Food delivery changes challenge condo security

In-unit grocery drop-offs and third-party drivers raise access control concerns
Tuesday, February 6, 2018
By Scott Hill

Tail-gating is when an unauthorized person follows a resident into a condo building to bypass security. Traditional remedies for this issue include security awareness education for the residents as well as detailed signage.

However, this continues to be a problem for condo corporations, because even if the authorized condo resident notices that someone is following them, rarely do they feel comfortable confronting the person. And recent innovations in delivery services may raise additional security concerns, placing renewed importance on access control.

Uber has faced an uphill battle when it comes to security acceptance. One of the most cited criticisms (by their competitors) of Uber’s transportation system is the lack of registration of the drivers.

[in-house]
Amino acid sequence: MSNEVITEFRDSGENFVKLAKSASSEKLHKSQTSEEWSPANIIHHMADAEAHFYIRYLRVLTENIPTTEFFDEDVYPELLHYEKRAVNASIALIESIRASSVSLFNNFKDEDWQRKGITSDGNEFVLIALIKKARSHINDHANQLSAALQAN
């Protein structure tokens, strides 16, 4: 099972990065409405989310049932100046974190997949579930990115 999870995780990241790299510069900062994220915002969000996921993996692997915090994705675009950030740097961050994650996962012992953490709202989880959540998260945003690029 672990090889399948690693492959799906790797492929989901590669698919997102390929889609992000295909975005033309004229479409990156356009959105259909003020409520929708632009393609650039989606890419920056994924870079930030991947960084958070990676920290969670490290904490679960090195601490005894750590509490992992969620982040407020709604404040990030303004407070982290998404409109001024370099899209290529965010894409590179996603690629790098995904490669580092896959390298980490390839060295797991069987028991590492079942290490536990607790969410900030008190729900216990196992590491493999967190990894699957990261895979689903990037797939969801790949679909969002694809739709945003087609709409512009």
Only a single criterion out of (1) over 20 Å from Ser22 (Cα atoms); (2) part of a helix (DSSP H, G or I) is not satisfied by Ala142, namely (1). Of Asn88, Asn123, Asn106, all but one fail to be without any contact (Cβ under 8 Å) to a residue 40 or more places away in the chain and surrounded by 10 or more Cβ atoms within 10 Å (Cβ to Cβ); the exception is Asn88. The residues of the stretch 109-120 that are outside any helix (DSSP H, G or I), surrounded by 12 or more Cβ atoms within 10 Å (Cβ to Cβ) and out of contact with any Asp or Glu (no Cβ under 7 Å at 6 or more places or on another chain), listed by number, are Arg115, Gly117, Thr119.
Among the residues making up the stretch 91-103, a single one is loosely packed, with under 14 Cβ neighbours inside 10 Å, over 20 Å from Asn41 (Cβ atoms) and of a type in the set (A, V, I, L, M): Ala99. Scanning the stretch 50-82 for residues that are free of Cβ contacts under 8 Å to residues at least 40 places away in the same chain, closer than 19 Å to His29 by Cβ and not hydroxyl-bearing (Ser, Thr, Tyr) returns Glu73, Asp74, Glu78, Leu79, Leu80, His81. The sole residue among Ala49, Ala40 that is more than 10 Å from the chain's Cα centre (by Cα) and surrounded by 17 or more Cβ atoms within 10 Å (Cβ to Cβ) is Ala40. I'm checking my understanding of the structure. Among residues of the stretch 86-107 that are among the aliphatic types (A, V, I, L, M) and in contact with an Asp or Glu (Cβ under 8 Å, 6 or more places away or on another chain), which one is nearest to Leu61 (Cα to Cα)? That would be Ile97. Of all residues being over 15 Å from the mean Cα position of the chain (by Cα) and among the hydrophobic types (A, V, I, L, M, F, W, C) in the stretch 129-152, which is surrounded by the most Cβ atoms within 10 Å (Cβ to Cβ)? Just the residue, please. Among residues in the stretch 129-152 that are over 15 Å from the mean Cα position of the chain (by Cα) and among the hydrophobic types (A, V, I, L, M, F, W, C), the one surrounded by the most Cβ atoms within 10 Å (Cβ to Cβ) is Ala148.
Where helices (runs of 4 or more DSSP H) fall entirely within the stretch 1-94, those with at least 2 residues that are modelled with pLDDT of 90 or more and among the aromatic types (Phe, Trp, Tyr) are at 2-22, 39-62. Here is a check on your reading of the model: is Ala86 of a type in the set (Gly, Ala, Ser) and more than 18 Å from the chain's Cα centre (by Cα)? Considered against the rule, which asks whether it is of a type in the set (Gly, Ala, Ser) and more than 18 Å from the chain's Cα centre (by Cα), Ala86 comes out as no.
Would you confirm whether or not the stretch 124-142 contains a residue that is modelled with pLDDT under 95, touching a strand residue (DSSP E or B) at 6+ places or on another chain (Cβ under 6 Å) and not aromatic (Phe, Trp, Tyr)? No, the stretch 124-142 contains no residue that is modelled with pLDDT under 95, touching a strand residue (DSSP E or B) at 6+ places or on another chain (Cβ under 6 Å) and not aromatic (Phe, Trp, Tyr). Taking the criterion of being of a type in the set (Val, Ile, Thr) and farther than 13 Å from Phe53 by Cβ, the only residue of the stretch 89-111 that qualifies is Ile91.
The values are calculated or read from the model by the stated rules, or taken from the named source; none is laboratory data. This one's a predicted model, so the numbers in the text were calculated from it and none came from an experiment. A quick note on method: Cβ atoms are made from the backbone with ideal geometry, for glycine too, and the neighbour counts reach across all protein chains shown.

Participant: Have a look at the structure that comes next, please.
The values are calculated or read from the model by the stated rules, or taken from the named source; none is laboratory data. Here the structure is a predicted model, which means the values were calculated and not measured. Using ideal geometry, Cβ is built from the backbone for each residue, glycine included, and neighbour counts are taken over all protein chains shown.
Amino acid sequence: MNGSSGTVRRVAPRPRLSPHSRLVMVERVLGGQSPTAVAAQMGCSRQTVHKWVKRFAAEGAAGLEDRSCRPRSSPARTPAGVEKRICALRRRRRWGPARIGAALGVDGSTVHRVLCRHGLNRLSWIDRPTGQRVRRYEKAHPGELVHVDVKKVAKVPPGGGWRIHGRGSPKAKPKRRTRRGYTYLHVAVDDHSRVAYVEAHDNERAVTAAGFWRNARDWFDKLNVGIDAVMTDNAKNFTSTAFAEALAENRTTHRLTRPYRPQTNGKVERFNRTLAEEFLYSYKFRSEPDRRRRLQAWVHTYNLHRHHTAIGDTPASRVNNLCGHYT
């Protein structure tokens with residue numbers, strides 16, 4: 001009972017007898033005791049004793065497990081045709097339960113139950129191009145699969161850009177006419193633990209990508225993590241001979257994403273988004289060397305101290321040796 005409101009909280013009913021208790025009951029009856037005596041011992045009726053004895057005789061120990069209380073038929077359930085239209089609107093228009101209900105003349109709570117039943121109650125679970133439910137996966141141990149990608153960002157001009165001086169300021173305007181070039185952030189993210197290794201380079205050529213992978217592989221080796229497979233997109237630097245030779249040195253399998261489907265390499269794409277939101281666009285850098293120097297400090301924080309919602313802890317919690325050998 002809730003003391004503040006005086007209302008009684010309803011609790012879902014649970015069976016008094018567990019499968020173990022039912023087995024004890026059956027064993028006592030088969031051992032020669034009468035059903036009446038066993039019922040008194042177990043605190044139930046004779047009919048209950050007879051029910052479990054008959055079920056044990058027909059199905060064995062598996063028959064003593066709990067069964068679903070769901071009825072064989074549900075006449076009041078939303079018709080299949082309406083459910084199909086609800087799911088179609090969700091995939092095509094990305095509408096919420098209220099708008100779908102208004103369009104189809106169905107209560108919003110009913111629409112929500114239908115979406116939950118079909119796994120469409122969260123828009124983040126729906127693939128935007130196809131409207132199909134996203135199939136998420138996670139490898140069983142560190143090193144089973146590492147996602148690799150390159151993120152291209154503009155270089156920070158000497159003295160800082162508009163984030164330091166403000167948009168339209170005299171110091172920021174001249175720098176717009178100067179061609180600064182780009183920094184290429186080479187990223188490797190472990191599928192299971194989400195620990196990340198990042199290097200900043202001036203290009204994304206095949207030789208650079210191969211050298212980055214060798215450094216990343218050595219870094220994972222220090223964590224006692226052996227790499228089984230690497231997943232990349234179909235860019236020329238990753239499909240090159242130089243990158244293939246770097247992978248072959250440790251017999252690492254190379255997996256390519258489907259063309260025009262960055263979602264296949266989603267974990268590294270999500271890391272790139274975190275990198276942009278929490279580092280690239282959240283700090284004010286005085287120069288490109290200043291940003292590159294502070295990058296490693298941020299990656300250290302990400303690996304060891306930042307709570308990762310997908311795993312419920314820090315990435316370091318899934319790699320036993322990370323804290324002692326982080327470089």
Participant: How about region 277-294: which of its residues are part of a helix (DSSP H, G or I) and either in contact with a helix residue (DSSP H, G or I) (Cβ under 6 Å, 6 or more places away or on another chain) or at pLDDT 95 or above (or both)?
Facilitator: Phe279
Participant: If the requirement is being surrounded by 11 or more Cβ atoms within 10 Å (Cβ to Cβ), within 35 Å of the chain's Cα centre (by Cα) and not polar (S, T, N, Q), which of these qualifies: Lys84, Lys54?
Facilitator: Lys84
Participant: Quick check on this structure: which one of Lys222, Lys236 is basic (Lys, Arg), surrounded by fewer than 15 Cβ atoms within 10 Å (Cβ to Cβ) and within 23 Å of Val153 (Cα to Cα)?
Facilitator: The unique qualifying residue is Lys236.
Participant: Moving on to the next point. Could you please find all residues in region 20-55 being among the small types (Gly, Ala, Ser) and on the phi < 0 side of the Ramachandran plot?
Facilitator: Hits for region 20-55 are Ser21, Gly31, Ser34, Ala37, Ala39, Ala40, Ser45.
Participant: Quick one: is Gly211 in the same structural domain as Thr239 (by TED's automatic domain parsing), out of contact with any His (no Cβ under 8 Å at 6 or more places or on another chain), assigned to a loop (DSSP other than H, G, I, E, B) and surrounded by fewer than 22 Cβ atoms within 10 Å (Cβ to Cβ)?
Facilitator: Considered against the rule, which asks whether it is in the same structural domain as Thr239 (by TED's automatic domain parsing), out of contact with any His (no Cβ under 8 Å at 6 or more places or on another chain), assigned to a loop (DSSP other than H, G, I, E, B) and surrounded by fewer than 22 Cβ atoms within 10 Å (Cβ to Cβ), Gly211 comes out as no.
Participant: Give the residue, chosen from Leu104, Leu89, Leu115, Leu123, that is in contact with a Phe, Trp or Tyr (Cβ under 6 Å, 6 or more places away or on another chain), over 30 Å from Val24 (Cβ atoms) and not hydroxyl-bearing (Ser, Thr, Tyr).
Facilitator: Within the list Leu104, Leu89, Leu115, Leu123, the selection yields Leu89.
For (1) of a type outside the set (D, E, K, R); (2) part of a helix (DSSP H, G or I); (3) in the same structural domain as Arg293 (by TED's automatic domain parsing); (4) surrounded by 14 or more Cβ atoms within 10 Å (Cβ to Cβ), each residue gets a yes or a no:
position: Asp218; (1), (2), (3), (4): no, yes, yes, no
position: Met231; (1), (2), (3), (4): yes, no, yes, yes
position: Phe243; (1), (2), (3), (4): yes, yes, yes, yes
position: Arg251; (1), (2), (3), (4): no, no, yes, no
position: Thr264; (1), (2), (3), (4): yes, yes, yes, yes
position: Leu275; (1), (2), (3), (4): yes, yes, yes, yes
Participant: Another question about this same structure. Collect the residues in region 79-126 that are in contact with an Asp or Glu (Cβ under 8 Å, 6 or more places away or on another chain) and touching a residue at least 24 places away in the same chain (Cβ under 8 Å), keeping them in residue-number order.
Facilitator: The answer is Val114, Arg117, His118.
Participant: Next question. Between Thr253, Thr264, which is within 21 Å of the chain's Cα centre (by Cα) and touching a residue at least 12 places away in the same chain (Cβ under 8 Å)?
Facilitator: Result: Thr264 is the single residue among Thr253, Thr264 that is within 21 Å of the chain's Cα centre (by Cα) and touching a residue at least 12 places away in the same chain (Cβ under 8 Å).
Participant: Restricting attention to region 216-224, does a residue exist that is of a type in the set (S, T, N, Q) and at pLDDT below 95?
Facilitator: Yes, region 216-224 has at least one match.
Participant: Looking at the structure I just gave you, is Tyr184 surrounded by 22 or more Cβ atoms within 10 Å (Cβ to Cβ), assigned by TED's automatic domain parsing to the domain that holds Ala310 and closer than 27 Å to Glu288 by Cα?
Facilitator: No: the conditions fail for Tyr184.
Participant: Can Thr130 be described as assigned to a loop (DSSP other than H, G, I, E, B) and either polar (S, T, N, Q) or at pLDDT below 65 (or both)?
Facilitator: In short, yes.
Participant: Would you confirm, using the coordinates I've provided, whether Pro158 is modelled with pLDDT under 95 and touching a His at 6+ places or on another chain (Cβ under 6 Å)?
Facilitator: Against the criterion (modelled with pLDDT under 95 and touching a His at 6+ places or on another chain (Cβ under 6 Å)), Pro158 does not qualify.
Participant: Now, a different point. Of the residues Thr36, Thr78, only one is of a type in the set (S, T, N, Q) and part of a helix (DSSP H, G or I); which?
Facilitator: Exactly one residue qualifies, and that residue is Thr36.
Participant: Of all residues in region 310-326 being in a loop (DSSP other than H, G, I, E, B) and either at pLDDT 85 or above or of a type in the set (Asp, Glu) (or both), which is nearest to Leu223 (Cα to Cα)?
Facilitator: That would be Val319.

Now condo corporations may face a new security challenge as Uber enters into the food delivery industry. One issue that may arise is the fact that the people delivering the food are not employees of the franchise that is delivering the food.

For instance, if a resident was to order a pizza from a franchise organization, that pizza is usually delivered by an employee of said franchise. This means that there is accountability, as the employer is responsible for the actions of the employee and presumably has insurance to cover any intentional or accidental security incidents.

It would appear that Uber drivers act as contractors and, as such, there is no accountability from the food provider. If any damage was caused to the facility by the driver, it would appear that the only recourse the condo corporation would have would be against the driver specifically.

Additionally, even locating the driver would be a challenge for the corporation, as the food provider does not have a record of who picked up and delivered the order. The corporation would need to obtain that information directly from Uber.

Optimizing access control